Research Article: Maternal protein restriction during perinatal life affects lung mechanics and the surfactant system during early postnatal life in female rats

Date Published: April 19, 2019

Publisher: Public Library of Science

Author(s): Reza Khazaee, Lynda A. McCaig, Cory Yamashita, Daniel B. Hardy, Ruud A. W. Veldhuizen, Nick Ashton.

http://doi.org/10.1371/journal.pone.0215611

Abstract

Limited information is available on how fetal growth retardation (FGR) affects the lung in the neonatal period in males and females. This led us to test the hypothesis that FGR alters lung mechanics and the surfactant system during the neonatal period. To test this hypothesis a model of FGR was utilized in which pregnant rat dams were fed a low protein diet during both the gestation and lactation period. We subsequently analyzed lung mechanics using a FlexiVent ventilator in male and female pups at postnatal day 7 and 21. Lung lavage material was obtained at postnatal day 1, 7 and 21, and was used for analysis of the surfactant system which included measurement of the pool size of surfactant and its subfraction as well as the surface tension reducing ability of the surfactant. The main result of the study was a significantly lower lung compliance and higher tissue elastance which was observed in FGR female offspring at day 21 compared to control offspring. In addition, female LP offspring exhibited lower surfactant pool sizes at postnatal day 1compared to controls. These changes were not observed in the male offspring. It is concluded that FGR has a different impact on pulmonary function and on surfactant in female, as compared to male, offspring.

Partial Text

Epidemiological studies provide strong evidence for the negative impact of fetal growth restriction (FGR) on numerous short and long-term health outcomes of the offspring [1]. Defined as an infant with a birthweight below the 10th percentile for its gestational age, FGR has been shown to contribute to altered neurodevelopment and impaired growth in the immediate neonatal period, as well as chronic diseases such as diabetes, hypertension, and dyslipidemia later in life [2,3]. Both human epidemiological studies and animal models suggest many of these adverse postnatal outcomes can be sex-specific [4–6]. With respect to the lung, FGR has been implicated in poor pulmonary health; for example it has been suggested to be a risk factor for the development of asthma [7].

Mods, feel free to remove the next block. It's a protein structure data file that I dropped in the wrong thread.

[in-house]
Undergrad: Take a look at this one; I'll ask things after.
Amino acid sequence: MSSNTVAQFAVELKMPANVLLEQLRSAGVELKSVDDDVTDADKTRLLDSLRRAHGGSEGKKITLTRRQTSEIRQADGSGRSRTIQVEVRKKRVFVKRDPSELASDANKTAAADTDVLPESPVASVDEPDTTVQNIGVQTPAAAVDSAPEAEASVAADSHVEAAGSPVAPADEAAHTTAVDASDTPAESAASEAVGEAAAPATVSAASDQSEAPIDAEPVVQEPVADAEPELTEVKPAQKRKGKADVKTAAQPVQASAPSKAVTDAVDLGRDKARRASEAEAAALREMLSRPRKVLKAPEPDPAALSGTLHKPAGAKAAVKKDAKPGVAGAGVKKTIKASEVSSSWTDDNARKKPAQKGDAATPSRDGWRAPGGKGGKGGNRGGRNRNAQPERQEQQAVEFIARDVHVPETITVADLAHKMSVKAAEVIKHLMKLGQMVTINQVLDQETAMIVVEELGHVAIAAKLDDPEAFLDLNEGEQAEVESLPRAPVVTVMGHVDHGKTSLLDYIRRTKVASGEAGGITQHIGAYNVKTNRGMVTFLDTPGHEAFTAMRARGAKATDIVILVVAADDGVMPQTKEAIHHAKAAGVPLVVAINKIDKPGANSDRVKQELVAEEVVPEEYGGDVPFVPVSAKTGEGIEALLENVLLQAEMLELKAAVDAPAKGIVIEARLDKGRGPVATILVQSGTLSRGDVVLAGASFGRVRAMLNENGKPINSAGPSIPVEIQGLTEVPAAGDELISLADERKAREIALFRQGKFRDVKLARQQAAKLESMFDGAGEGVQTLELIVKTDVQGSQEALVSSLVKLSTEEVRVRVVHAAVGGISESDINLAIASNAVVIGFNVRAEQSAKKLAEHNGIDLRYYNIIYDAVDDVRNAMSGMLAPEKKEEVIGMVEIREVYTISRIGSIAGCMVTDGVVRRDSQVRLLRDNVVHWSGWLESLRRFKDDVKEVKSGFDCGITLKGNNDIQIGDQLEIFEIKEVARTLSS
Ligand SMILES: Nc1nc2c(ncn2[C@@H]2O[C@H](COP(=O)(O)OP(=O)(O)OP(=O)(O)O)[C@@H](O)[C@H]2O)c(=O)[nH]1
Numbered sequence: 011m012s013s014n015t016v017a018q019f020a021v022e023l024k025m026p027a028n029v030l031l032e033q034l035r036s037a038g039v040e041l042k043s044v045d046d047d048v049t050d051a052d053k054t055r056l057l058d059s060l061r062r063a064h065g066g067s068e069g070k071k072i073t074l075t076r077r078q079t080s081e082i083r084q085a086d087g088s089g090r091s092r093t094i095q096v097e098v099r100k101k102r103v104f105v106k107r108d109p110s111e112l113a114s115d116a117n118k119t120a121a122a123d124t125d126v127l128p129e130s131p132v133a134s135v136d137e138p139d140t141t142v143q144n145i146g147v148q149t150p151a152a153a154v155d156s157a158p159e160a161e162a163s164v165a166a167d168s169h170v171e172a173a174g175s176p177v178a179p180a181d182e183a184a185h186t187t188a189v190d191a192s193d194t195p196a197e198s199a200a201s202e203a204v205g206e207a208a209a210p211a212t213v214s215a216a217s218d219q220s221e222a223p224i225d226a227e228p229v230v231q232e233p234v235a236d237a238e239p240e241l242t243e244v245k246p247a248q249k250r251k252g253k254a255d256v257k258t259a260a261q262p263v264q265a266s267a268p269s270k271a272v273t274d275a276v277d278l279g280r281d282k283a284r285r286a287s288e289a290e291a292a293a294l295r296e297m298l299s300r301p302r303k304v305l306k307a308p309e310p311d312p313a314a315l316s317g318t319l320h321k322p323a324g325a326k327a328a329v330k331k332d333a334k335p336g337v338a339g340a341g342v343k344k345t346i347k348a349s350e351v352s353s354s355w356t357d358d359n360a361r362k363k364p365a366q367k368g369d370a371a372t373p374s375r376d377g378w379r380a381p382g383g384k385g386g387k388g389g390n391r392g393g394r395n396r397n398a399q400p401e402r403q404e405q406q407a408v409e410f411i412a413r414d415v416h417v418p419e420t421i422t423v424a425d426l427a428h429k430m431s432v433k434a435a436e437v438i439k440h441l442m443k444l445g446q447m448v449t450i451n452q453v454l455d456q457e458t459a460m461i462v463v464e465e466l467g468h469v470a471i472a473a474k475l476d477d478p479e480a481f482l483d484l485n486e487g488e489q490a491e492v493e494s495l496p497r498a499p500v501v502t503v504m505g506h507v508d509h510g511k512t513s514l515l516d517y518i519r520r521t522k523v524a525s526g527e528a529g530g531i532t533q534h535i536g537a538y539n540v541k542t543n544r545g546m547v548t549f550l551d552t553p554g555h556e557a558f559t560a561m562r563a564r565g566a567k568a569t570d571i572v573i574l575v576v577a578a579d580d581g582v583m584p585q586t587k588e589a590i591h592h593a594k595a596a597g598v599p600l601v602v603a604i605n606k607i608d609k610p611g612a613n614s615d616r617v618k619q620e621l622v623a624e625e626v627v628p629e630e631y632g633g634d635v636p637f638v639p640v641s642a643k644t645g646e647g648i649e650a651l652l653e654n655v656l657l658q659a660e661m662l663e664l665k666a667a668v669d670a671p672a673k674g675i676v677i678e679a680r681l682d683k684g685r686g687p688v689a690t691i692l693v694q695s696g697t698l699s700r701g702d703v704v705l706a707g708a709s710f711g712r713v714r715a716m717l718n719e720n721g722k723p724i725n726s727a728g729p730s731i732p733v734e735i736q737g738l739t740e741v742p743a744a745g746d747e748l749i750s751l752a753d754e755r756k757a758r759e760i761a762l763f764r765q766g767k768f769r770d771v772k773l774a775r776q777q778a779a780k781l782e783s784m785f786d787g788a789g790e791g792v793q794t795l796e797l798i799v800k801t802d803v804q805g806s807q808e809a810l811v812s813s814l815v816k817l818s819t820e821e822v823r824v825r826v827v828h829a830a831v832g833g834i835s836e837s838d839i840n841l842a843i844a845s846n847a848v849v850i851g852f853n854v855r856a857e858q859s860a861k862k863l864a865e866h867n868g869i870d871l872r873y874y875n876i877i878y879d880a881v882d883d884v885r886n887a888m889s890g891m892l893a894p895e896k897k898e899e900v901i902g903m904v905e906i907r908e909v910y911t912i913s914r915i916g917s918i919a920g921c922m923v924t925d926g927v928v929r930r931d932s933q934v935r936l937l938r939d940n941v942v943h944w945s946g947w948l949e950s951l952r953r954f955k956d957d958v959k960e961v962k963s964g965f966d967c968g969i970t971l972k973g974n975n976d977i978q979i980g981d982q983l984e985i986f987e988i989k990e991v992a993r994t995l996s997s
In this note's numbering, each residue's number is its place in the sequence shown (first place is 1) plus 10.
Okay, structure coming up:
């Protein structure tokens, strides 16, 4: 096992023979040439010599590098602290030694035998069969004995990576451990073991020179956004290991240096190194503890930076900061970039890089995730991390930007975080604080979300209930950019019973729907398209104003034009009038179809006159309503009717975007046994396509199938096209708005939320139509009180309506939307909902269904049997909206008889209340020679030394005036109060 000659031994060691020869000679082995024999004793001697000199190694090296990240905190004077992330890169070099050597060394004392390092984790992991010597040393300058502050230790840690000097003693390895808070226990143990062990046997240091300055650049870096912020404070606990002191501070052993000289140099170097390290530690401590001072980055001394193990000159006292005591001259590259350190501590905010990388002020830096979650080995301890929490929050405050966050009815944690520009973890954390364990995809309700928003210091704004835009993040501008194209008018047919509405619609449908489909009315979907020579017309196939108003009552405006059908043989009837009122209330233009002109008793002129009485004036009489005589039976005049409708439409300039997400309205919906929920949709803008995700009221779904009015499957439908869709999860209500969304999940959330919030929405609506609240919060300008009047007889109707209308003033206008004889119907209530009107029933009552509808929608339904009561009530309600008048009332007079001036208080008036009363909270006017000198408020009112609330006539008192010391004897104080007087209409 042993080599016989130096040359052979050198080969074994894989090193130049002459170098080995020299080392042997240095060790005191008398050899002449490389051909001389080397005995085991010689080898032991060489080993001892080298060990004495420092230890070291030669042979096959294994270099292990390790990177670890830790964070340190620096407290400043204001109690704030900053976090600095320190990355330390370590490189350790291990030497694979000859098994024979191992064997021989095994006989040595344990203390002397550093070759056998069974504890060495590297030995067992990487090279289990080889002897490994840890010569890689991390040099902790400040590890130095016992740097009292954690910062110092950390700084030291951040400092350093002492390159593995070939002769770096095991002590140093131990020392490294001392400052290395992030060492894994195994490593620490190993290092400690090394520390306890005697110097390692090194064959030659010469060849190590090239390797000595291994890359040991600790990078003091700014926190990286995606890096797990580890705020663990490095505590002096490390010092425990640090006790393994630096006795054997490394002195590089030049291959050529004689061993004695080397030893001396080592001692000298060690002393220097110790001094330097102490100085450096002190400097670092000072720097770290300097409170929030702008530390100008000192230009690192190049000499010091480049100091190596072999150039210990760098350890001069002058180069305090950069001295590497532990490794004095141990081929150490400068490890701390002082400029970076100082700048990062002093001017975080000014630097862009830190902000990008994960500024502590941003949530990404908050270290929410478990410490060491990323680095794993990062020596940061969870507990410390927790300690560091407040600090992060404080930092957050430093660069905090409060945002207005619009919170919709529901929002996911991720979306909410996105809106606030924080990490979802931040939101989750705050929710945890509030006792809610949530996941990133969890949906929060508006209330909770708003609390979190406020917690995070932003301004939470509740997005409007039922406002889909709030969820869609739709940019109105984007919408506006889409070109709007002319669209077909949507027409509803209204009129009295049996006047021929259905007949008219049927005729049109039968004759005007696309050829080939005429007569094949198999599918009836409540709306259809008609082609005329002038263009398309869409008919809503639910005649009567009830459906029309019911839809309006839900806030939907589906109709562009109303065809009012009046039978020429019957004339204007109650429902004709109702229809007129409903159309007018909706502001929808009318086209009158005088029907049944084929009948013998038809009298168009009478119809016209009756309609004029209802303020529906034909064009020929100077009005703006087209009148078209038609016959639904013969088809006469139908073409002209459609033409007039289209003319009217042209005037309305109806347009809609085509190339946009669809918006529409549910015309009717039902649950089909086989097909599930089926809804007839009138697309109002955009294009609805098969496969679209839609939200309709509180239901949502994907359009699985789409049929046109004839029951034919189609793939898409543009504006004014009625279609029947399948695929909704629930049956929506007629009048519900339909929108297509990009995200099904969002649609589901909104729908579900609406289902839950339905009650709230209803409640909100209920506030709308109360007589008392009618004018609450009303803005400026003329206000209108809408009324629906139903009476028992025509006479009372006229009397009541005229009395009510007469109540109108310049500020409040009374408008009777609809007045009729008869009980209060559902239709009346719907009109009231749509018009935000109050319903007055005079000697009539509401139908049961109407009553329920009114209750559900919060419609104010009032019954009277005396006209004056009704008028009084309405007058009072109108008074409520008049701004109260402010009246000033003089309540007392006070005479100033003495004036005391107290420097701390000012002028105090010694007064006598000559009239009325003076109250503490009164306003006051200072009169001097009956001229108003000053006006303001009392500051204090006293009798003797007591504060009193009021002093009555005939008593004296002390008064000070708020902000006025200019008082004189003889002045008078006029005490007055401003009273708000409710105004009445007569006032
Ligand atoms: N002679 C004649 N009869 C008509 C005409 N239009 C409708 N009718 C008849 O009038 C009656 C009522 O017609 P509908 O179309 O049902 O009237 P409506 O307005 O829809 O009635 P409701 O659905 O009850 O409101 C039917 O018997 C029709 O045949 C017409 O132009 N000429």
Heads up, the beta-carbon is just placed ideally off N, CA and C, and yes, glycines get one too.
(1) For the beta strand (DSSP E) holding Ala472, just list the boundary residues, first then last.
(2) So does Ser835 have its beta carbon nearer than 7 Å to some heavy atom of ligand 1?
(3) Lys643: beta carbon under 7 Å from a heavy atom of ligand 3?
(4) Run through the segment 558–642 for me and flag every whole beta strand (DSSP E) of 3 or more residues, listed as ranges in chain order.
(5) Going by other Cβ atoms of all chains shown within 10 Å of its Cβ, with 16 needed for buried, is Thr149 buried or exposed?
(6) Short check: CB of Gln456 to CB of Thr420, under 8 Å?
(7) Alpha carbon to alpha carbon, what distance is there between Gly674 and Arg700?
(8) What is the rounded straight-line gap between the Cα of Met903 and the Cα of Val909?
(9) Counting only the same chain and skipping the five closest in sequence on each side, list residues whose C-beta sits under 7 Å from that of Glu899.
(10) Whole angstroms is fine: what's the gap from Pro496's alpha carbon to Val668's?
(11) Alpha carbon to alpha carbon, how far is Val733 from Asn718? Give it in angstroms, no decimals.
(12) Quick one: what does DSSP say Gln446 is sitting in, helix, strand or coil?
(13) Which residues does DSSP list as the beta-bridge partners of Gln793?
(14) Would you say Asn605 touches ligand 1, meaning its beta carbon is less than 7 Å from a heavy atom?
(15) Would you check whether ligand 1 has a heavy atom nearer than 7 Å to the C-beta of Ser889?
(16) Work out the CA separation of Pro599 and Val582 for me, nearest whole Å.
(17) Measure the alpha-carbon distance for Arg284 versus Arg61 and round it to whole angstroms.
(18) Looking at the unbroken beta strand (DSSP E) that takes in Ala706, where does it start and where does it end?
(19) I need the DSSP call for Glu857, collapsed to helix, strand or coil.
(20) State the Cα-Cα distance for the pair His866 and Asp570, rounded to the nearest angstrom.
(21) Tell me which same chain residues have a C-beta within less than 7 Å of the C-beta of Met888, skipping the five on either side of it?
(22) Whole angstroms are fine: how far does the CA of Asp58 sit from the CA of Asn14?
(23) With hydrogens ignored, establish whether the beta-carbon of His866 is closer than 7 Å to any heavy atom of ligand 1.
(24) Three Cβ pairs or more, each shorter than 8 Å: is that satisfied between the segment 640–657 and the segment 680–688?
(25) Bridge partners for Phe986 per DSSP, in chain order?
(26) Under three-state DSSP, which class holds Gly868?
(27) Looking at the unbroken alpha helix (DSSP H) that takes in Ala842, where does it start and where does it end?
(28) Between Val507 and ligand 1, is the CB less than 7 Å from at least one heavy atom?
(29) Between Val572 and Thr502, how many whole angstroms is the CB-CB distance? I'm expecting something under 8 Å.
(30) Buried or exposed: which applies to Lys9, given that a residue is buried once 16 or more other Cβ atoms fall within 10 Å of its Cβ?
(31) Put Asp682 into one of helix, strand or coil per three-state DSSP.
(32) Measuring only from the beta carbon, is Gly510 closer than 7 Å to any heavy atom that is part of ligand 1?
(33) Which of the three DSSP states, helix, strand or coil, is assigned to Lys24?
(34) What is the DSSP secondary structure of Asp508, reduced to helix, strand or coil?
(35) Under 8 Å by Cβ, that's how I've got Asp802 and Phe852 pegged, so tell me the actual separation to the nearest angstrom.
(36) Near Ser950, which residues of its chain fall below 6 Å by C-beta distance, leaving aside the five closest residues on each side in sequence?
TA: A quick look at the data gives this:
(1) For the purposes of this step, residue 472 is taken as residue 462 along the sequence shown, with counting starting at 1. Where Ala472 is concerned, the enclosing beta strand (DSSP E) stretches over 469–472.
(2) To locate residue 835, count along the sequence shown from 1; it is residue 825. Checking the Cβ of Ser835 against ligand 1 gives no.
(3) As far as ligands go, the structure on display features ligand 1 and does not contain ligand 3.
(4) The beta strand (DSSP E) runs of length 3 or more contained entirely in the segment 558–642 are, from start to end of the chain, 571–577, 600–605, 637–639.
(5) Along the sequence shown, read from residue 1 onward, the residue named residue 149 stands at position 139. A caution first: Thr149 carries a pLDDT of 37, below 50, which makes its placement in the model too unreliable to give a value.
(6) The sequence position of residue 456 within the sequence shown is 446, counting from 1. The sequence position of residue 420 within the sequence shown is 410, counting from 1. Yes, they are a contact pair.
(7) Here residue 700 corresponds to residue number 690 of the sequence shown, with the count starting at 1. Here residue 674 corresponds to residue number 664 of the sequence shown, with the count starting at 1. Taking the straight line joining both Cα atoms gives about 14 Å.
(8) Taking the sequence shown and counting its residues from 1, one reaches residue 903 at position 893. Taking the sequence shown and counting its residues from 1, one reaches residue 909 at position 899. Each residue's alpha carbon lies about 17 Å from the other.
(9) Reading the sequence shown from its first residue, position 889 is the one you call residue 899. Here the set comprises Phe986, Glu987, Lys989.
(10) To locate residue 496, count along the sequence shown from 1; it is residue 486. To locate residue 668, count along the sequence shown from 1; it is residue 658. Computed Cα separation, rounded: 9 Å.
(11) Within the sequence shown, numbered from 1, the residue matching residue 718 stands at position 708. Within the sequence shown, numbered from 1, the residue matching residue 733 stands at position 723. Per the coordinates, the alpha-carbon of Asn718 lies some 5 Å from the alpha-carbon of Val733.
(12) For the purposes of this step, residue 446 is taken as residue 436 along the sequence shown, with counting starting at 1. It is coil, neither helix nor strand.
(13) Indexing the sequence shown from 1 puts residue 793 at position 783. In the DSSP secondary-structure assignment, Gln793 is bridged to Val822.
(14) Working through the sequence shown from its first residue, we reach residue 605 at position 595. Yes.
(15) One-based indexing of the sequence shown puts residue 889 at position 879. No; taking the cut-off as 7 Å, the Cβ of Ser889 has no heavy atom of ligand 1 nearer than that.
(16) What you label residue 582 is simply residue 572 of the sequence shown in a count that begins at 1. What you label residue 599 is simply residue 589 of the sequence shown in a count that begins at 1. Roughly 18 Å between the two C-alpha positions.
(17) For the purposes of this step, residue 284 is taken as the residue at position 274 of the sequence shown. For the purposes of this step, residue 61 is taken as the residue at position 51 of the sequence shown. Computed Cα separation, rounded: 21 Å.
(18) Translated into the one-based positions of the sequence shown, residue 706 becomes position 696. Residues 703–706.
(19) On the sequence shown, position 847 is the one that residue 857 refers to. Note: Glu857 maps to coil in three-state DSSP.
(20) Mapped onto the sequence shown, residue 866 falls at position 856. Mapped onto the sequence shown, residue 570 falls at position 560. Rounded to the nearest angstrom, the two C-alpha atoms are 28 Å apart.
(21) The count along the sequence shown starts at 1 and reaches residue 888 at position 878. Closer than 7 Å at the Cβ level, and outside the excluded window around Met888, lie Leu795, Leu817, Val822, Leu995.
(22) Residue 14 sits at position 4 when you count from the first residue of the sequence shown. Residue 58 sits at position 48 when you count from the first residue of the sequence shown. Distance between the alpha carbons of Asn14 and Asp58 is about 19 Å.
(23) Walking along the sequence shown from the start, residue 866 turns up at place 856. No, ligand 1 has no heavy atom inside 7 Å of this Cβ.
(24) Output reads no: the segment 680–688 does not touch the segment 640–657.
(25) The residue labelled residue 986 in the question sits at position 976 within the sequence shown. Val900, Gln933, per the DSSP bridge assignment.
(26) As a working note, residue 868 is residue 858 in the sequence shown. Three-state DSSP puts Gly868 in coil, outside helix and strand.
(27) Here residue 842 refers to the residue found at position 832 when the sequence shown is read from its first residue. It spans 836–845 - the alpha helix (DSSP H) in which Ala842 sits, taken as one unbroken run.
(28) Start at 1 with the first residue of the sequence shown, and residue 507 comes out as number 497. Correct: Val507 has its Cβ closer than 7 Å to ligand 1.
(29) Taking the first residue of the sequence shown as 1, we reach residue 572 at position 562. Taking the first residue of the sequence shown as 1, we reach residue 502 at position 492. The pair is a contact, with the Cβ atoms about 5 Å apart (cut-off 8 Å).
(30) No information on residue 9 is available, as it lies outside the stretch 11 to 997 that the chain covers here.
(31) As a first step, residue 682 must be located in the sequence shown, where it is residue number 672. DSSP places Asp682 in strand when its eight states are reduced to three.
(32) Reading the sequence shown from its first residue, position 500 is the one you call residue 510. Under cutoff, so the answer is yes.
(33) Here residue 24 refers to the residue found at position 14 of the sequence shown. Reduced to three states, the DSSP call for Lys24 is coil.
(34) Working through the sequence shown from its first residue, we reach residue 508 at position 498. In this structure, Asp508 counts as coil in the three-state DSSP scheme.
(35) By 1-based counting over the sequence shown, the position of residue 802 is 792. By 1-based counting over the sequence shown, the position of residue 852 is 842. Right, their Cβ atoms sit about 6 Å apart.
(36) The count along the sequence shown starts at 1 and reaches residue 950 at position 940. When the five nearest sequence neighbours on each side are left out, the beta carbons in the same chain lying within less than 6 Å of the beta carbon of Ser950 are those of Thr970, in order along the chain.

The bodyweight of the offspring at day 1, 7 and 21 is shown in Table 1. The data indicates lower bodyweight in the low protein diet group compared to the control diet animals in both female and male offspring. This difference was significant at both day 1 and 21. The percent difference (~35%) in body weight at Day 21 was the same between male and female offspring.

This study tested the hypothesis that FGR induced by maternal protein restriction during perinatal life alters lung mechanics and the surfactant system. The results supported this hypothesis with regards to lung mechanics as significantly lower lung compliance, higher tissue elastance and higher airway resistance were observed in LP female offspring at day 21. In addition, female LP offspring exhibited lower surfactant pool sizes at day 1, which was not observed in the male offspring. No differences in surfactant pools on other postnatal days were observed and surfactant biophysical properties were not significantly different among groups at any of the timepoints. Collectively, this data suggests that FGR has a different impact on pulmonary function in female, as compared to male, offspring. It also indicates that the significant alterations to lung compliance at day 21 in female offspring occurs in the absence of alterations to the pulmonary surfactant system.

 

Source:

http://doi.org/10.1371/journal.pone.0215611

 

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